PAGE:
4) Market Size / Share Current & Forecast Market Size Global Insight estimates that there were almost 16 million outbound overnight visits from China in 2004. By 2010, this is forecast to be almost 31 million – a growth of 93%. The WTO forecast that outbound travel could reach 100 million visits by 2020. UK currently accounts for 0.6% of all outbound trips from China – and this percentage is likely to be the same in 2010. Current Volume and Value Statistics / Trends IPS 2003 2004 Change year on year Total Visits 68,000 95,000 +41% Visits Rank (League Table No. Outside top 30 rankings Visitors to UK) Total Spend £127m £131m +3% Spend Rank 22 24 Down 2 places (League Table £ Spend in UK) Average Spend £1,876 £1,371 -27% per Visit (AEV) AEV Rank 4 5 Down 1 place Average Spend £72 £60 -17% per Day (AED) AED Rank 18 26 Down 8 places Note: The expenditure figures for China have to be read with caution, as the sample size is quite small for this market. 2004 was the best ever-recorded year for visits and spends from China. Key Competitor Destinations – actual Global Tourism Navigator shows us that the UK was 16th in the actual ranking of top destinations (short and long haul included) for Chinese outbound travel in 2004. Asia, Hong Kong, Macao and Thailand attract most of the tourists from Mainland China. 1 Hong Kong 6 Singapore 2 Macau 7 Russia 3 Thailand 8 South Korea 4 Vietnam 9 Japan 5 Italy 10 Malaysia 16 United Kingdom Key Competitor Destinations - aspirational According to the Anholt-GMI Nation Brands Index (Wave 3 2005), which surveys a representative n=1000 sample of the online population in China, the UK is ranked 4th out of 24 (i.e. not all potential are asked about) destinations that would be likely for a leisure visit “if money were no object”. 1 France 6 Switzerland 2 United States 7 Canada 3 Germany 8 Italy 4 UK 9 Sweden 5 Australia 10 South Korea Competition from other European destinations remains strong. According to VB intelligence, France and Italy get the lion’s share of China’s Europe bound market. Australia, New Zealand, Scandinavia, Germany and Switzerland are all highly visible in the market. Switzerland will start to issue Schengen visa by 2008 at the latest. Many East European destinations offer new and cheaper alternatives. 5) Market Shape / Dynamics www.visitbritain.com/ukindustry Purpose of Visit The biggest proportion of Chinese visitors come to the UK for Business (38%). However, the business share has declined from 57% in 1999 to 38% in 2004, whereas the proportion of holiday visitors has increased from 16% in 1999 to 23% in 2004. We must bear in mind that IPS figures on “purpose” for China may be misleading. This is due to the fact that until January 2005, there was no ADS agreement in place to allow holiday travel to the UK. Specifically, those stating a business purpose are equally likely to have had some holiday element to the visit. VisitBritain’s Online Best Prospects research (2005), found that three-quarters of best prospects (those already planning or very likely to visit) were interested in visiting Britain for a holiday and now that ADS is signed it will be possible to travel in this way. There is more on business visits specifically in section 12 of this document. 21% of Chinese visitors are VFR visitors. The 2001 census found that there were 51,717 UK residents who had been born in China – an increase of 117% on the 1991 census. These residents are most likely to be found in London, the South East and the North West of England. In 2004, 15% of Chinese visitors visited the UK for study. This proportion represented only 3% in 1999. Although long-term study is not counted in tourism statistics by IPS, this can be an important source market for VFR visits. In 2004, UCAS had 39,445 Chinese applicants for degree courses (of which 6324 were accepted – making China the largest source market for UK overseas higher education students). The most popular subjects taken in 2004 were: Business & Administration, Engineering and Mathematics. The FCO estimate that 32,000 Chinese students are currently undertaking some form of study in UK.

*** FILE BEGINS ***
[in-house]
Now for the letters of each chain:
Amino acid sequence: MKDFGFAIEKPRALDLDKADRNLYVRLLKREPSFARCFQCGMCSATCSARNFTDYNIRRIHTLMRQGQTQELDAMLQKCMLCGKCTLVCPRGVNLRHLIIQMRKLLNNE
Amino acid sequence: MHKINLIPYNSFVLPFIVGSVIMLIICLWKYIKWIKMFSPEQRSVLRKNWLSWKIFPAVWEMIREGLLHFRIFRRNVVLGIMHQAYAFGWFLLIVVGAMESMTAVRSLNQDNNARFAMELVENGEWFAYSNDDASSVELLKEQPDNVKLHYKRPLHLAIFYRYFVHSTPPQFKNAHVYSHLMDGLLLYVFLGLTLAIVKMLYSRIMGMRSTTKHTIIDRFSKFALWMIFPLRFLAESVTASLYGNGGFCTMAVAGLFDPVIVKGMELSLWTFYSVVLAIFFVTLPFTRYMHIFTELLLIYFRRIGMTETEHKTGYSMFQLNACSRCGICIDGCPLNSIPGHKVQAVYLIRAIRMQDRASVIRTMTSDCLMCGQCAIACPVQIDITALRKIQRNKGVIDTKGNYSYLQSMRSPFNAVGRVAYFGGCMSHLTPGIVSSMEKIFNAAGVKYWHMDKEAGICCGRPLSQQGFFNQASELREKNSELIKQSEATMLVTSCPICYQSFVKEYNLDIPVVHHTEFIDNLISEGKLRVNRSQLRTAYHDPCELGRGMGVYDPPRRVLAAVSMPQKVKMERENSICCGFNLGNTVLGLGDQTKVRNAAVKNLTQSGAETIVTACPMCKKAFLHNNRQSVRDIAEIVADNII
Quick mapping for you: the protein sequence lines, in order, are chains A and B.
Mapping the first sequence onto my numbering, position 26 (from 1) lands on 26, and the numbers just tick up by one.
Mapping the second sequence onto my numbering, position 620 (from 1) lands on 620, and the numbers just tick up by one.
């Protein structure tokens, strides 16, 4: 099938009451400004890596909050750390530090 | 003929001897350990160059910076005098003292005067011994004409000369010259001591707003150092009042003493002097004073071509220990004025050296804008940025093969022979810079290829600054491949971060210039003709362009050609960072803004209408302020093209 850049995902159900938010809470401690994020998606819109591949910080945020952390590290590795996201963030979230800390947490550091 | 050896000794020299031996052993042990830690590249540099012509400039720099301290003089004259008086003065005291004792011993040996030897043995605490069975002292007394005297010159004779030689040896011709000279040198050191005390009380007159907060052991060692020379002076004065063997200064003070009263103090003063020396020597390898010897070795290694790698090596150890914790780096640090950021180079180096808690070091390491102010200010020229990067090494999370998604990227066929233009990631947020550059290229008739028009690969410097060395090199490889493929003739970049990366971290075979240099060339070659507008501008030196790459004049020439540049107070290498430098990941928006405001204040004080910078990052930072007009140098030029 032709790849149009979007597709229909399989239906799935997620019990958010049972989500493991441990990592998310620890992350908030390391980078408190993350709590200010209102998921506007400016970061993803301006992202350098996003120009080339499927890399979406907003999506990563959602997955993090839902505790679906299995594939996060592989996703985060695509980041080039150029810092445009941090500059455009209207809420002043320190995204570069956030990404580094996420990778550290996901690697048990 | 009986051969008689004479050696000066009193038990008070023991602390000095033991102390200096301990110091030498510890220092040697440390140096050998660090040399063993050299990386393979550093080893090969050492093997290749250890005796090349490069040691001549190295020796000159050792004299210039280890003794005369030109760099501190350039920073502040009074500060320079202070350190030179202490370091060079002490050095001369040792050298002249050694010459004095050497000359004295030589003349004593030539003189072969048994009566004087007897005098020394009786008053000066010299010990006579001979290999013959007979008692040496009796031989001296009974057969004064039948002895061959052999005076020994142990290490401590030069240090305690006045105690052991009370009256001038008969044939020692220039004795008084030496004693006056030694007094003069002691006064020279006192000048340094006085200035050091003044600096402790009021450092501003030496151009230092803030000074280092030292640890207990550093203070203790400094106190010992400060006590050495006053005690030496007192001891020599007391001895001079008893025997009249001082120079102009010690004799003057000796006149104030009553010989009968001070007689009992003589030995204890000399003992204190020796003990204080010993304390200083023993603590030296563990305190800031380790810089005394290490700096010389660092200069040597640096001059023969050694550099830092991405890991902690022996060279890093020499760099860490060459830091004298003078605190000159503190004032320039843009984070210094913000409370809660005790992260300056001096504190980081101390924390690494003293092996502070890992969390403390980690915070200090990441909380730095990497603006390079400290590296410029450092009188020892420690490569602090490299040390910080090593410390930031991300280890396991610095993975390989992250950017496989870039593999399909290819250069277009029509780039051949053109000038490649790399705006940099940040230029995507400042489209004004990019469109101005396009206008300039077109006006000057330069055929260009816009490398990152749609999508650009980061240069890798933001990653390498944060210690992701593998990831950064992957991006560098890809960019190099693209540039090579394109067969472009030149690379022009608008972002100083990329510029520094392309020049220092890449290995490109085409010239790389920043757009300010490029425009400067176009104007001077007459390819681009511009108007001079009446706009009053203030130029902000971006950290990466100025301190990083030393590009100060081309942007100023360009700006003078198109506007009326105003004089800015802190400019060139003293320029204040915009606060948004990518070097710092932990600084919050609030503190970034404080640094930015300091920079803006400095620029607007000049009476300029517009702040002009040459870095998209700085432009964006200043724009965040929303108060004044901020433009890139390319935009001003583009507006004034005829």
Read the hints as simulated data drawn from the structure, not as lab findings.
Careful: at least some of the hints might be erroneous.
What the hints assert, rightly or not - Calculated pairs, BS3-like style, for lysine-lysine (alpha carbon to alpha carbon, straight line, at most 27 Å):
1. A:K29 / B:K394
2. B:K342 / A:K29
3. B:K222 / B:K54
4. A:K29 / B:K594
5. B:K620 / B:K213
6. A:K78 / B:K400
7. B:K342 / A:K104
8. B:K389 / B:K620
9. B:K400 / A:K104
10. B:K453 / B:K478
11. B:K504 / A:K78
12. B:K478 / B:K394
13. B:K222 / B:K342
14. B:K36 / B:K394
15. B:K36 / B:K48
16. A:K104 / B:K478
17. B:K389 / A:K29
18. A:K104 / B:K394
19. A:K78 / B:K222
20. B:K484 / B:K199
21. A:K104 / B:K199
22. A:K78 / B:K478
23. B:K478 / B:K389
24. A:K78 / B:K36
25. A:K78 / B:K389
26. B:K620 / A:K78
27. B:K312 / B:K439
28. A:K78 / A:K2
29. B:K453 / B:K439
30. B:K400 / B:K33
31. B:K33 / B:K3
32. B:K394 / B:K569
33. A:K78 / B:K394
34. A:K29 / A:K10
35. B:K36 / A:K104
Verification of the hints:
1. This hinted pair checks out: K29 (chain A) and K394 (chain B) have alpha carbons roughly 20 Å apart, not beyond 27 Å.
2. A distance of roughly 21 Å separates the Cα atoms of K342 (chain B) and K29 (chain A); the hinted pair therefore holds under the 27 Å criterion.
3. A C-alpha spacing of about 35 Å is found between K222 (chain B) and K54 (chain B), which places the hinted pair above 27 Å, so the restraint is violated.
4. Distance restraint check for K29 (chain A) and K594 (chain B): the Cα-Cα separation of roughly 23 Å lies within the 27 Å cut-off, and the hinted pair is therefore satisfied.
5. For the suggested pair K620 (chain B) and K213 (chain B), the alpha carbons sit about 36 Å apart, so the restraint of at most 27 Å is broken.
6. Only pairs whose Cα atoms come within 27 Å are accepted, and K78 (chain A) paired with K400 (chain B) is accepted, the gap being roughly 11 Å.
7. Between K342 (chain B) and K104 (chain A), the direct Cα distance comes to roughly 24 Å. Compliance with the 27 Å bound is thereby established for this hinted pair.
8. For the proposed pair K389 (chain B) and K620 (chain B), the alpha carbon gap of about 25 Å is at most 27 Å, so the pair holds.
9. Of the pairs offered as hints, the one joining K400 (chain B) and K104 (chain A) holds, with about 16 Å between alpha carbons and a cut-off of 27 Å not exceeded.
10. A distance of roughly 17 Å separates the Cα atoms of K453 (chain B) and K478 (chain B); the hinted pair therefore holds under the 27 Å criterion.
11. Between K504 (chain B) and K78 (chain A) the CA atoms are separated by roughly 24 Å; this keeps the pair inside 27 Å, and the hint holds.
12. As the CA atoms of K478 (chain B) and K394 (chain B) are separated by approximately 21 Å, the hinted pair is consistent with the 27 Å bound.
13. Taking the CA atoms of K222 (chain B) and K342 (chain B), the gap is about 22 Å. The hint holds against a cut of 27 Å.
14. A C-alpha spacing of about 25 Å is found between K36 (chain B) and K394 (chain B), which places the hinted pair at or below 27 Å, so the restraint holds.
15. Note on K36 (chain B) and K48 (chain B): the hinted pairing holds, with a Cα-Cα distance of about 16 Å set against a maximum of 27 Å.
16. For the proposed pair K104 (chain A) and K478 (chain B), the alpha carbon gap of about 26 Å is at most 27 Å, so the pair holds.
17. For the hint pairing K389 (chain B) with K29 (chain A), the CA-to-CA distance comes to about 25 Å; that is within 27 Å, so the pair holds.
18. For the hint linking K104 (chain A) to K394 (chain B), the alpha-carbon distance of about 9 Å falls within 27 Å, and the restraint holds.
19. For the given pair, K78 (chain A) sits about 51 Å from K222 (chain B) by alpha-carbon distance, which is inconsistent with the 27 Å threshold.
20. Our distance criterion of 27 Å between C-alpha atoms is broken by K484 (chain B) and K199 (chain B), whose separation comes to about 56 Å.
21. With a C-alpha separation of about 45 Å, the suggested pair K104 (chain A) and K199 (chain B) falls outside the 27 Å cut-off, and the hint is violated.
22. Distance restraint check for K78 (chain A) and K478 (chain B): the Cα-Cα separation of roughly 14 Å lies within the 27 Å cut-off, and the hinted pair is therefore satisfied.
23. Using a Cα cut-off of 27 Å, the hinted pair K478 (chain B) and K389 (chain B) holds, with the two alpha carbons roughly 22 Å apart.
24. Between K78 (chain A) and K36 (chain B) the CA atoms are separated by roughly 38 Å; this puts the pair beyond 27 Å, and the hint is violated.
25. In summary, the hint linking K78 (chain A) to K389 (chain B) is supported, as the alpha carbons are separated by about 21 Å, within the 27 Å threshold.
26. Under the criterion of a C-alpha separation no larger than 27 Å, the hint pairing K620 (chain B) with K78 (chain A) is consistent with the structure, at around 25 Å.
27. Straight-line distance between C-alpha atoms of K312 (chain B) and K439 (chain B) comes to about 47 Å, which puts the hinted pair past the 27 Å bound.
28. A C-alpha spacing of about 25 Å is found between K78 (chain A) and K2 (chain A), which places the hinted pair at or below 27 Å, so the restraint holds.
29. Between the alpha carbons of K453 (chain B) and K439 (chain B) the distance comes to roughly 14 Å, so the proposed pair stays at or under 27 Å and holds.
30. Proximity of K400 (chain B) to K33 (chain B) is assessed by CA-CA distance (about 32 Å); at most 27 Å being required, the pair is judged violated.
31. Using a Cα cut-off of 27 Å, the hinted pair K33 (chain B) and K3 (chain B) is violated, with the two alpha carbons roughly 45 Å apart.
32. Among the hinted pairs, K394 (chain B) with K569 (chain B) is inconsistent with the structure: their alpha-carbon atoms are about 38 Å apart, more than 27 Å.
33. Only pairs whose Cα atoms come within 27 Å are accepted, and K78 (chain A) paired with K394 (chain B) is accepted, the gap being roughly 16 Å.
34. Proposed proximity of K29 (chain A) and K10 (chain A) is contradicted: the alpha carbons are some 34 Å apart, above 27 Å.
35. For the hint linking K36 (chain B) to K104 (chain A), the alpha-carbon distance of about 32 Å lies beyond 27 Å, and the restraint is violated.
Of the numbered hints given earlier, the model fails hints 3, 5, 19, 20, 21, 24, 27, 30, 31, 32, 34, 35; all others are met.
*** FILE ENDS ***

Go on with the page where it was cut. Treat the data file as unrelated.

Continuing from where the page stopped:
5) Market Shape / Dynamics continued Length of Stay Seasonal Spread CHINA Overall, 28% of Chinese visitors stay in the UK for 15 nights or more and 24% for 8-14 nights. Three-quarters of study visitors stay 15 nights or more. The length of stay of holiday visitors is much shorter - 37% of them stay for 1-3 nights. Regional Spread 98% of Chinese visitors stayed in England, 64% in London, 12% in Scotland and 3% in Wales in 2004 (IPS). In the Anholt-GMI Nation Brands Index Wave 3 2005, we asked 1000 Chinese participants how well they felt they knew the regions of Britain – giving a score of 1-7 and taking into account any of the ways they had learned or heard about each region. 1 = never heard of the region and 7 = know the region very well. Chinese participants were significantly more likely to be aware of London than any of the other regions – including the concept of Great Britain overall. Awareness of other parts of England, and of Scotland was similar. Chinese were least aware of Wales as a region of Britain. According to IPS, two thirds of Chinese residents visit in the last 6 months of the year. The periods July-September and October-December each account for about one third of holiday visits. The most popular period for VFR visitors is October-December (41%). Accommodation Type Wales Scotland England (Other) England (London) Britain Overall 4.26 4.58 4.62 4.84 5.23 3 3.5 4 4.5 5 5.5 6 6.5 The majority of participants in this online survey had NOT visited Britain previously, but looking at the 240 Chinese who had ever visited Britain, the scores for each region do increase (although none significantly). In VisitBritain’s Online Best Prospects research (2005), we asked our best prospects about their levels of interest in visiting different areas of Britain: London, England outside of London, Scotland and Wales. London was hugely popular relative to the rest of the country, which may suggest that London is almost synonymous with Britain as a destination for the Chinese. Scotland was slightly more attractive than Wales and other parts of England. Hotel and guesthouse are Chinese visitors’ most popular type of accommodation - 60% stayed in a Hotel/guesthouse in 2004, but this accounted for only 15% of nights spent in total. Only 8% of Chinese visitors stayed at a hostel/University/School but it represents 42% of all nights spent in the UK as study visitors stay for such a long time. Around 80% of Holiday and Business visitors stay at a Hotel or Guesthouse. 88% of VFR visitors stay as free guests but 47% stay at a Hotel or Guesthouse, suggesting that some Chinese visitors make use of both types of accommodation.